Shanghai cooks up five-star goals, but the salt is missing
Disappointing episodes at some supposedly top hotels show the city's 'hardware' and 'software' need to be retooled to reach world-class levels
People often talk of how important "software" is for a truly international city after it has already established very good "hardware". They are just like two legs for a person: you can't walk well without either of the two.
Let me give you some examples from my personal experience. I made a few trips to Shanghai recently and stayed at three five-star hotels. Two of the three are international chain hotel brands and I once stayed in the New York hotel of one of the two global names.
What is the difference between the Shanghai and the New York hotel? Call me a picky guest but the difference in fact exists in the detail.
Initially, everything went well at the Shanghai hotel for me until I tried to use the coffee machine in my room to brew some coffee. I took a cup and happened to see four letters at the bottom of the coffee cup. The four letters were I-K-E-A, the Swedish home decoration chain that has branches all over the world.
Perhaps from a picky guest's point of view, this small detail meant a big disappointment to me, especially after I had fond memories of my stay at the New York hotel under the same five-star brand earlier this year.
If you have an ordinary IKEA cup for guests at five-star hotels in New York, the chances of getting them to stay with you again will be slim.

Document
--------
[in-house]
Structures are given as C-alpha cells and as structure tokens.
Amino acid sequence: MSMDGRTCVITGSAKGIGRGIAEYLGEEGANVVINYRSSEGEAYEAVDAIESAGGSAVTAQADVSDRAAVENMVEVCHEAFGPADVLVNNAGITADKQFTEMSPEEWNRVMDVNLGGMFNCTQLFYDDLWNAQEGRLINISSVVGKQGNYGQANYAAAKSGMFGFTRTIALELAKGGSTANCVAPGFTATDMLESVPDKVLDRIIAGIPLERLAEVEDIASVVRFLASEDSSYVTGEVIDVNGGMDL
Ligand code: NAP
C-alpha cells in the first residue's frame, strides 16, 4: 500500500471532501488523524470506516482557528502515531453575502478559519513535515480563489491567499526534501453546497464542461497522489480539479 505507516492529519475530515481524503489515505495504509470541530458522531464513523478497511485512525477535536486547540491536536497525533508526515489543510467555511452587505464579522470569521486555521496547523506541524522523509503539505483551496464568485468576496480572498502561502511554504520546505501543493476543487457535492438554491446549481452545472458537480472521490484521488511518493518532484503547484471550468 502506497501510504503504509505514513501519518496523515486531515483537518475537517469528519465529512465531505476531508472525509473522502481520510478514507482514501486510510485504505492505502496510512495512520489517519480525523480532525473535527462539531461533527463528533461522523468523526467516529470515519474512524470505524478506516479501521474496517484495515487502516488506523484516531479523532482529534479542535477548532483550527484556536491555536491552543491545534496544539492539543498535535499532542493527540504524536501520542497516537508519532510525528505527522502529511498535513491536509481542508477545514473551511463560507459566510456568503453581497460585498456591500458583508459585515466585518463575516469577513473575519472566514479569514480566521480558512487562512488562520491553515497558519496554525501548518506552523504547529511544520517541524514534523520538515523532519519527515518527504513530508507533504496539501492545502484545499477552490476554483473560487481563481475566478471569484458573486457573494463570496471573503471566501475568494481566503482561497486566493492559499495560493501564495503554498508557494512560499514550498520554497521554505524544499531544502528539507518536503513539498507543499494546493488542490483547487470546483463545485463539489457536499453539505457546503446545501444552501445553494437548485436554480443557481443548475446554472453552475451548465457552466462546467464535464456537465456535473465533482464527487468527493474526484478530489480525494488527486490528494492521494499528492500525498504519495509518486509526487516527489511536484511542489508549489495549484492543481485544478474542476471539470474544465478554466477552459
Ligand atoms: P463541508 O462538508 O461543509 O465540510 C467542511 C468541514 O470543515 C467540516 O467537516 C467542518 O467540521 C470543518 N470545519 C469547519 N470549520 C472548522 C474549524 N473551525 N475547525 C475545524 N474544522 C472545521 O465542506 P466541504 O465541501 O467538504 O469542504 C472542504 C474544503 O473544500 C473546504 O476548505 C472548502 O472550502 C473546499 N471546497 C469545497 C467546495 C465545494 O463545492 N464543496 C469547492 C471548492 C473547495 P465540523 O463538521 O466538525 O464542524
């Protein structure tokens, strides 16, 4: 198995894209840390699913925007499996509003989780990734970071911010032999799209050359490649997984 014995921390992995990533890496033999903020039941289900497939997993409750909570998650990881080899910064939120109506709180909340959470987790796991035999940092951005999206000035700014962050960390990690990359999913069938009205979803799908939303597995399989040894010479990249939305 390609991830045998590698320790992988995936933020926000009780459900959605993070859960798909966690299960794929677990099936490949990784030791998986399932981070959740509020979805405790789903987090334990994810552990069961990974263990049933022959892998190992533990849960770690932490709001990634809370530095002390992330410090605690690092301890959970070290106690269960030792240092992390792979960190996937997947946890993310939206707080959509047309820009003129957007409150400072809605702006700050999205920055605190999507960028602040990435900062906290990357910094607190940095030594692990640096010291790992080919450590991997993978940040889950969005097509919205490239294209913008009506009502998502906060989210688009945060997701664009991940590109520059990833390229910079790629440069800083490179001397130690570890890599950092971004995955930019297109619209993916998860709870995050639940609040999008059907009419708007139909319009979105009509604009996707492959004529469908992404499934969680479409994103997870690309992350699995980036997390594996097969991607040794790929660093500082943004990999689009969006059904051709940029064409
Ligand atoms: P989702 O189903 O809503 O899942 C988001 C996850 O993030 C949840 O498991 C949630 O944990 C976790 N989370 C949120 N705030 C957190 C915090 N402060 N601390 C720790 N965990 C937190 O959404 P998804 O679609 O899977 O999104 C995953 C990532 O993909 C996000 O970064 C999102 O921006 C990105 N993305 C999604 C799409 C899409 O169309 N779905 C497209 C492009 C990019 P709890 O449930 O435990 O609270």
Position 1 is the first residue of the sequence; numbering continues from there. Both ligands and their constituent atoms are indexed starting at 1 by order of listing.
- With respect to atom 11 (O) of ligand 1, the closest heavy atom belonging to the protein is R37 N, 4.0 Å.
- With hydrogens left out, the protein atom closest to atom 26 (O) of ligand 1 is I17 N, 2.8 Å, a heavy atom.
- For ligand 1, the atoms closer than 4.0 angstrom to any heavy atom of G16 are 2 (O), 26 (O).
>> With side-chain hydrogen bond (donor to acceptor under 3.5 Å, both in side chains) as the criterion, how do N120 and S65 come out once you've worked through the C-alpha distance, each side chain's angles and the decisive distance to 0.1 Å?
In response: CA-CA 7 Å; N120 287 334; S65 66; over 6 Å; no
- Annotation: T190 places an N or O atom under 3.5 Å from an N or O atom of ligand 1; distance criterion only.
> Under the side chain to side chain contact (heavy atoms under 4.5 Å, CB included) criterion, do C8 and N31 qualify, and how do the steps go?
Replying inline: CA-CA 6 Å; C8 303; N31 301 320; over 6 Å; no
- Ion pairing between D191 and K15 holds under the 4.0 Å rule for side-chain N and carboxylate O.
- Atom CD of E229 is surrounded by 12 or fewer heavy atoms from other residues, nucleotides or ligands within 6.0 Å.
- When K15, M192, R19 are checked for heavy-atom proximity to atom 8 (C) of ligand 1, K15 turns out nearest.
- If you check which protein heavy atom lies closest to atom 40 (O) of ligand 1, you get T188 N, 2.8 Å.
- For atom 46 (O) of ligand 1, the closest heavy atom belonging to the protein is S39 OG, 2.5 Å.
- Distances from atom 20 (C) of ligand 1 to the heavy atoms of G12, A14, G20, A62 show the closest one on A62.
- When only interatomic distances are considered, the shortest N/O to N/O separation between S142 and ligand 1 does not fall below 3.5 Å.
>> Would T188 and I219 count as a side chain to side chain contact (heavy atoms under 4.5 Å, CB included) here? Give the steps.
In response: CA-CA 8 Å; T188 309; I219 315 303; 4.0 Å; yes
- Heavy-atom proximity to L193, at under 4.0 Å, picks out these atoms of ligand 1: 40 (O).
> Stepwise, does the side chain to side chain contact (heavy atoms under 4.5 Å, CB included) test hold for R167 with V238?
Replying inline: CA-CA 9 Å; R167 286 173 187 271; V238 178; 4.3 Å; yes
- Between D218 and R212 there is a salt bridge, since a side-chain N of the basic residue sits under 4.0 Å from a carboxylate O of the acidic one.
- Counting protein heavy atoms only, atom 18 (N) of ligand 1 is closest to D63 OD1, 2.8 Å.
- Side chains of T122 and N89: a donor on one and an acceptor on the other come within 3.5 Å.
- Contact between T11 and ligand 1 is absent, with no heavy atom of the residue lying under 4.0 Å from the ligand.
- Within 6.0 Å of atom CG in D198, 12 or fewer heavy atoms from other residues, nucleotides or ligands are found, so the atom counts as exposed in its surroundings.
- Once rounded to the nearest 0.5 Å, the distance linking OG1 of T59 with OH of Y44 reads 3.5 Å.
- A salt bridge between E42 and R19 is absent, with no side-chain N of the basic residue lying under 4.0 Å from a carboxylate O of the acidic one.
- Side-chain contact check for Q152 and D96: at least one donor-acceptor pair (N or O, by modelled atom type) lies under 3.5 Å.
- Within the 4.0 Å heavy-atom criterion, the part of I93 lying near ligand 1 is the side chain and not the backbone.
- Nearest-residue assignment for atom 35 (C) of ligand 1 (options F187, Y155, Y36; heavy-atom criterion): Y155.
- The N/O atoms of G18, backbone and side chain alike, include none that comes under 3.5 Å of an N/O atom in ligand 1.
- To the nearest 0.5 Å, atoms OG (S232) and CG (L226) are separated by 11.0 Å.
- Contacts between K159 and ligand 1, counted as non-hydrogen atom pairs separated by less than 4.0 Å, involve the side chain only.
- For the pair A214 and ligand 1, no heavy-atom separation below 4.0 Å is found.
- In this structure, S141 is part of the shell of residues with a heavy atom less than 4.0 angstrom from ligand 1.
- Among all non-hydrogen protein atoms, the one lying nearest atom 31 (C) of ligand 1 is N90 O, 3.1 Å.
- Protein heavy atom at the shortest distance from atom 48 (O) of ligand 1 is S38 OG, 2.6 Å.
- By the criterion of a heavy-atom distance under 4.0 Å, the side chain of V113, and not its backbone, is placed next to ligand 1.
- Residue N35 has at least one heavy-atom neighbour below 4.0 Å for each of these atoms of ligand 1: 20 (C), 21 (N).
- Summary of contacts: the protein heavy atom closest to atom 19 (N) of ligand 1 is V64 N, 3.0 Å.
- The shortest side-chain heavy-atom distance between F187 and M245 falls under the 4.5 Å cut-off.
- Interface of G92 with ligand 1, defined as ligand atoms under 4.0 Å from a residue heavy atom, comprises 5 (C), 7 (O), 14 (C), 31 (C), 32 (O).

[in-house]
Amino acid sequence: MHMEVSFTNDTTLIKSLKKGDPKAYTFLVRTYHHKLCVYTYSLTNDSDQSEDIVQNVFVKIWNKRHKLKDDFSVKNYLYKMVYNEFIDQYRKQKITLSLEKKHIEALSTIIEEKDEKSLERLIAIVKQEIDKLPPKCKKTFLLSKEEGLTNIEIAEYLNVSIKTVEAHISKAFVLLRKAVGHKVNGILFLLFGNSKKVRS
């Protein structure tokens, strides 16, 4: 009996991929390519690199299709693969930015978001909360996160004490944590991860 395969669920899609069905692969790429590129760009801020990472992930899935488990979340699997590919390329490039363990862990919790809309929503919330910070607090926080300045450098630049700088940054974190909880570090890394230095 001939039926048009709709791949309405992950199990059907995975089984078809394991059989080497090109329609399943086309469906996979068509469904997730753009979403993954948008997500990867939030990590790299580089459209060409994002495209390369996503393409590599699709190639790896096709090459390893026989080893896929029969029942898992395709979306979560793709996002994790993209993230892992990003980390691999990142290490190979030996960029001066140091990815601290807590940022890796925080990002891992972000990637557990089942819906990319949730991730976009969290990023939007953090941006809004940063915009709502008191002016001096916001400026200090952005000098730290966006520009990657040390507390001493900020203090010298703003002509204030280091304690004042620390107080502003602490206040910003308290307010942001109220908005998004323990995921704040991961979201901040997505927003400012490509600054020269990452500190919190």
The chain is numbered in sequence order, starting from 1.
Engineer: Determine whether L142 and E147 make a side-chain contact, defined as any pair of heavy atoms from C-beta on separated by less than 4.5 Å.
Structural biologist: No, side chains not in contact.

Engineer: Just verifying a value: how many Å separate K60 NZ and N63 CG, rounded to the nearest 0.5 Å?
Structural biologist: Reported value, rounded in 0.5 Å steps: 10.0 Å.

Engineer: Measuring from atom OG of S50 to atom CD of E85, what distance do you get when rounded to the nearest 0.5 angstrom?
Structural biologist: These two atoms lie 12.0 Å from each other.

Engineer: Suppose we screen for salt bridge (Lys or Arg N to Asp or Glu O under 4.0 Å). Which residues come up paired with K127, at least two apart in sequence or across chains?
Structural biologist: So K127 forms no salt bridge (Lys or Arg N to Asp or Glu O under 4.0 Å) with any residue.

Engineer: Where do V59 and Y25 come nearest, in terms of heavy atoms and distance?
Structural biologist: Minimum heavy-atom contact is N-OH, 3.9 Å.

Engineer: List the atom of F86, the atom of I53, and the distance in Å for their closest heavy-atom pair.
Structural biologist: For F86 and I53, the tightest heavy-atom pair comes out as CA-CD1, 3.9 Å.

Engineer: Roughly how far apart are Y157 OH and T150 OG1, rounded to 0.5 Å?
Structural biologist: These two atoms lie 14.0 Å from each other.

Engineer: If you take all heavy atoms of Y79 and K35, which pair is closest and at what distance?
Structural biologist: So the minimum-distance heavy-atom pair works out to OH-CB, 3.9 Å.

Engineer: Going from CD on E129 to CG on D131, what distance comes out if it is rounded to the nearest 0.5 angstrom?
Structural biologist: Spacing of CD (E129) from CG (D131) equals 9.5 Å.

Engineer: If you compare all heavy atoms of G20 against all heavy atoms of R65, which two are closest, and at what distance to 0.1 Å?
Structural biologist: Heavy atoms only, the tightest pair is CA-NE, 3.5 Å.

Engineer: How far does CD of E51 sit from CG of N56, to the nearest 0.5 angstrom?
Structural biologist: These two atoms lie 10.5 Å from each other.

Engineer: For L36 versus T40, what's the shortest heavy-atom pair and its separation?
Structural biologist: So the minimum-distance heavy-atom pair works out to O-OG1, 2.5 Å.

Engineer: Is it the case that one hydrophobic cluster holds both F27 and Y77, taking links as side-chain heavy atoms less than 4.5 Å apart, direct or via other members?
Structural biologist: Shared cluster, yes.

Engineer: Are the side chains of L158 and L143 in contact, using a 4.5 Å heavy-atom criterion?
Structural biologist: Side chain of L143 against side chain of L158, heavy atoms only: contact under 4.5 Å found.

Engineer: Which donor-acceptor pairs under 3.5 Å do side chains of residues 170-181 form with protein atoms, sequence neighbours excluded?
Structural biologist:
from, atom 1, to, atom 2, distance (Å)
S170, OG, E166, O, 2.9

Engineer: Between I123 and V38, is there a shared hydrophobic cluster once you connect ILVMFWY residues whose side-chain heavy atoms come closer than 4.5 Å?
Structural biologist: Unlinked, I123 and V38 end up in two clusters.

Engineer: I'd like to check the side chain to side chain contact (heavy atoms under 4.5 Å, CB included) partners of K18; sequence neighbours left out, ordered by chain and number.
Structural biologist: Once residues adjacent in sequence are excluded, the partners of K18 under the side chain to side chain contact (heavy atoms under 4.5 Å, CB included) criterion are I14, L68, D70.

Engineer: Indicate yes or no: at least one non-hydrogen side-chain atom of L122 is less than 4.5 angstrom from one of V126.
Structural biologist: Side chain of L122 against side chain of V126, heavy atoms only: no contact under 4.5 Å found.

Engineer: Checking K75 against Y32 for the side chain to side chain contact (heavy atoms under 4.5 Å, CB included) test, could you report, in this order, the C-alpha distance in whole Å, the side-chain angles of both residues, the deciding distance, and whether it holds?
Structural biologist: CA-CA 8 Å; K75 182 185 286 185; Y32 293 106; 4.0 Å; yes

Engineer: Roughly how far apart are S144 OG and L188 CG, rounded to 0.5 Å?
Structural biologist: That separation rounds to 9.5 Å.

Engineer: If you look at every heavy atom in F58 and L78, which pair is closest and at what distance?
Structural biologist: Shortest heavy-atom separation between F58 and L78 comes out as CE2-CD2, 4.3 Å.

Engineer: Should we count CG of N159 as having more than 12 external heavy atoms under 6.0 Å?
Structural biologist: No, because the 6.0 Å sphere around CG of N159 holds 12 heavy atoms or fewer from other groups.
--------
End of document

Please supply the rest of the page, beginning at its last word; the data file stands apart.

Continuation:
Separately, I went to dine with some foreign friends at another of the three hotels in Shanghai where I stayed recently. The food was great and the atmosphere was nice until one of my foreign friends asked the waitress for salt.
Apparently, the waitress didn't really catch the word "salt", although my friend's accent was pretty standard English. She was suddenly nervous as she didn't know what my friend wanted. Then she left and a couple of minutes later she brought her supervisor to us and my friend finally got his long-awaited salt.
Shanghai is my hometown and the two stories somehow make me a bit embarrassed.
A family friend in the hotel business in Shanghai describes my first story as a "normal practice" in the city. The reason behind this, he explains, is mainly because most of the five-star hotels in the city are not owned by those foreign luxury hotel brands but local businessmen or just the state-owned assets commission of the local government in Shanghai.
In other words, those foreign brands are hired by the hotel owners to manage. It is usually the hotel owners who control the budget, for example, to buy coffee cups, rather than the foreign manager. When it comes to cost, local businessmen will be very cautious, and in most cases those foreign managers will compromise to avoid any risk of losing their jobs.
The second story is a typical "software" problem widely seen in the city's hotel business. The more hotels, the more experienced staff you will need, of course.
Well, some Shanghai fellows are ambitious enough to say their targets are to catch up with the world-class financial centres such as New York and London.
If the Shanghai government does hold to that ambition, do something to get your "software" and "hardware" to international levels to gain more compliments, not complaints.
George Chen is the Post's financial services editor. Mr. Shangkong appears every Monday in the print version of the SCMP. Like it? Visit facebook.com/mrshangkong